San Juan College draws $150k grant for teacher residency pilot program
Program is part of state's effort to address shortage of teachers
- State officials announced on July 26 that SJC would receive more than $150,000 for its Alpine II program.
- The award follows on the heels of the college's receipt of a similar grant for approximately $178,000 last year from the PED for its inaugural Alpine program.
- Anyone interested in applying for the program should call 505-566-3044.
FARMINGTON — For the second year in a row, San Juan College has received funding from the New Mexico Public Education Department for a program designed to attract aspiring teachers to districts with large populations of English language learners and Native American students.
State officials announced on July 26 that SJC would receive more than $150,000 for its Alpine II program to work with 16 schools in the Farmington Municipal School District, the Bloomfield School District, the Aztec Municipal School District and Central Consolidated Public Schools.
Teacher candidates who enter the program by committing to teach at one of the participating schools for three years will have the cost of their tuition, fees and books covered.
The candidates also receive a two-year alternative license in New Mexico that allows them to begin teaching while completing their coursework, during which time they receive full salary and benefits from their district. Additionally, they are paired with mentors and receive professional development — elements that are designed to ease their transition into a new profession.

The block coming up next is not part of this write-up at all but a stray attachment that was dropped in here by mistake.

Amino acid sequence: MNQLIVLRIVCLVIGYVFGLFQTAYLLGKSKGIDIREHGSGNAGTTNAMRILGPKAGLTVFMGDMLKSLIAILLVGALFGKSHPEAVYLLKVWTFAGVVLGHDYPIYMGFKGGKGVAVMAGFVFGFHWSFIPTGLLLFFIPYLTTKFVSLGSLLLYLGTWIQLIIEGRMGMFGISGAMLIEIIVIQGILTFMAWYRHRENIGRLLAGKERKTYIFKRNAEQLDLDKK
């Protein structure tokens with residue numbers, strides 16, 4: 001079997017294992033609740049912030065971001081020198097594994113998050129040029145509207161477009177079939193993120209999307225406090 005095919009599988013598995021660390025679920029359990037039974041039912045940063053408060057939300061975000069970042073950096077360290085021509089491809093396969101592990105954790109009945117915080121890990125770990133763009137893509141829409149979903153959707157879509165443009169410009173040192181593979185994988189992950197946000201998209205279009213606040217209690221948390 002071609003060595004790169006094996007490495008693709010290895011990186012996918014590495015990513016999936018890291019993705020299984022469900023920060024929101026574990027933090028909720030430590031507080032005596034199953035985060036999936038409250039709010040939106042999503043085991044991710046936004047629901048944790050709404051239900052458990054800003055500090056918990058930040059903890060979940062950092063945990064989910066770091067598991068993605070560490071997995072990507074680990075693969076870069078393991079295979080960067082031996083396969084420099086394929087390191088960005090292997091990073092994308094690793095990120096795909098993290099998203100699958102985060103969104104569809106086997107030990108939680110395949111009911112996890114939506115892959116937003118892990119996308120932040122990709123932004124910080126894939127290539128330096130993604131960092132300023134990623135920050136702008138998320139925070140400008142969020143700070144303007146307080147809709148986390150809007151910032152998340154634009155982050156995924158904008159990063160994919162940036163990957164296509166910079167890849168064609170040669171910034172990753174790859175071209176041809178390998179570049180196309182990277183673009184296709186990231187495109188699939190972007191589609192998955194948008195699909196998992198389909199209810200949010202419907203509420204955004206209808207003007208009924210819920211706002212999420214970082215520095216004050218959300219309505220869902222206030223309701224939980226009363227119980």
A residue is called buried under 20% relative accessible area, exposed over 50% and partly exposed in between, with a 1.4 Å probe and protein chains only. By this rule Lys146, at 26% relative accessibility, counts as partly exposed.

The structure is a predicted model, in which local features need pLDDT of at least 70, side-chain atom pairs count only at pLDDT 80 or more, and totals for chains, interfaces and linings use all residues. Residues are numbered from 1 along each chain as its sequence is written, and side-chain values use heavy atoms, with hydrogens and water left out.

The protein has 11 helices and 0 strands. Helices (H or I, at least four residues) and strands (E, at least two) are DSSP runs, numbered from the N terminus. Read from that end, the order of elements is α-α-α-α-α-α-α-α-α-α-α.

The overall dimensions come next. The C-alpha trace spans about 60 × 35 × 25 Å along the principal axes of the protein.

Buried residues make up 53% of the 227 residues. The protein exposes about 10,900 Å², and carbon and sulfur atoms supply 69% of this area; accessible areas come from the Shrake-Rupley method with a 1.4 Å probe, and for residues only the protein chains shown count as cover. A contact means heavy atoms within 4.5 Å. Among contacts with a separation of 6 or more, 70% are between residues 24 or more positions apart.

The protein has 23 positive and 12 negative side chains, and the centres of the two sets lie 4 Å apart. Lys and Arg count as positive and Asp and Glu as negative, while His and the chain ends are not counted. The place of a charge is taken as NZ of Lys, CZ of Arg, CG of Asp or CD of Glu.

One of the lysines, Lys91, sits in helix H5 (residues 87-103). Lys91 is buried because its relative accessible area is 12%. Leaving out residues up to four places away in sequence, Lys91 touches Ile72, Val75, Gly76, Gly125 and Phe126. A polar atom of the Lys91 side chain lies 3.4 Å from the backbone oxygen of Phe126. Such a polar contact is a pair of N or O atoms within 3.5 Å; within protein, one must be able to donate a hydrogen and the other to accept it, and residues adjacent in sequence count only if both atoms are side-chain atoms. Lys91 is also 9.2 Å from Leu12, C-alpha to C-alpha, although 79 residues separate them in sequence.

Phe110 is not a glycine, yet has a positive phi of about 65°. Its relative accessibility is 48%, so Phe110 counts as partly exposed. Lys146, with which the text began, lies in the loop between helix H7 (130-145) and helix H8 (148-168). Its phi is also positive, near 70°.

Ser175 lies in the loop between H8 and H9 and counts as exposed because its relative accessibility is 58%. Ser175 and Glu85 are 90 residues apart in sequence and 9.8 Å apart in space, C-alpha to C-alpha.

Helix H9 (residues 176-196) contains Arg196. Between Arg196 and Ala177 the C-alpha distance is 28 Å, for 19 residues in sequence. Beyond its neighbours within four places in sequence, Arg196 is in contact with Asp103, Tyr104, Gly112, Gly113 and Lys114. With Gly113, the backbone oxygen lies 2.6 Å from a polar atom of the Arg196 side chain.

The award follows on the heels of the college's receipt of a similar grant for approximately $178,000 last year from the PED for its inaugural Alpine program. Alexis Domme, director of the teacher education programs at San Juan College, said when her department responded to the PED's request for proposals this year, it modified the program in small but significant ways to take advantage of what it had learned from its first year of participation.
Domme said this program and others like it are part of the PED's effort to address the state's shortage of teachers. The Alpine programs target people with a bachelor's degree in some other field — perhaps business or social work, Domme said — and offer them a new start as teachers. The program allows them to pursue a new career without putting themselves or their families in a difficult financial position, she said.
One of the key factors that will make this second installment of the Alpine program different is its residency aspect, she noted. At each of the participating schools, program facilitators will pair the teacher candidates with a mentor and manager. Professional development forums are scheduled periodically, and the candidates are walked through the basics of classroom management. They also are provided with help in answering their site-based questions and any issues they may have in completing paperwork.
Domme said there is also a culturally responsive element to the program.
"We want to provide instruction that supports students and their families who might speak a different language than English first and who might benefit from the community element of school," she said.
The residency sites taking part in the Alpine II program are Apache Elementary School, McCormick Elementary School, Tibbetts Middle School and Farmington High School in the Farmington district; Naaba Ani Elementary School, Mesa Alta Junior High and Bloomfield High School in the Bloomfield district; Park Avenue Elementary School, Koogler Middle School and Aztec High School in the Aztec district; and Eva B. Stokely Elementary School, Ojo Amarillo Elementary School, Kirtland Middle School, Tse Bit Ai Middle School, Shiprock High School and Newcomb High School in the CCSD.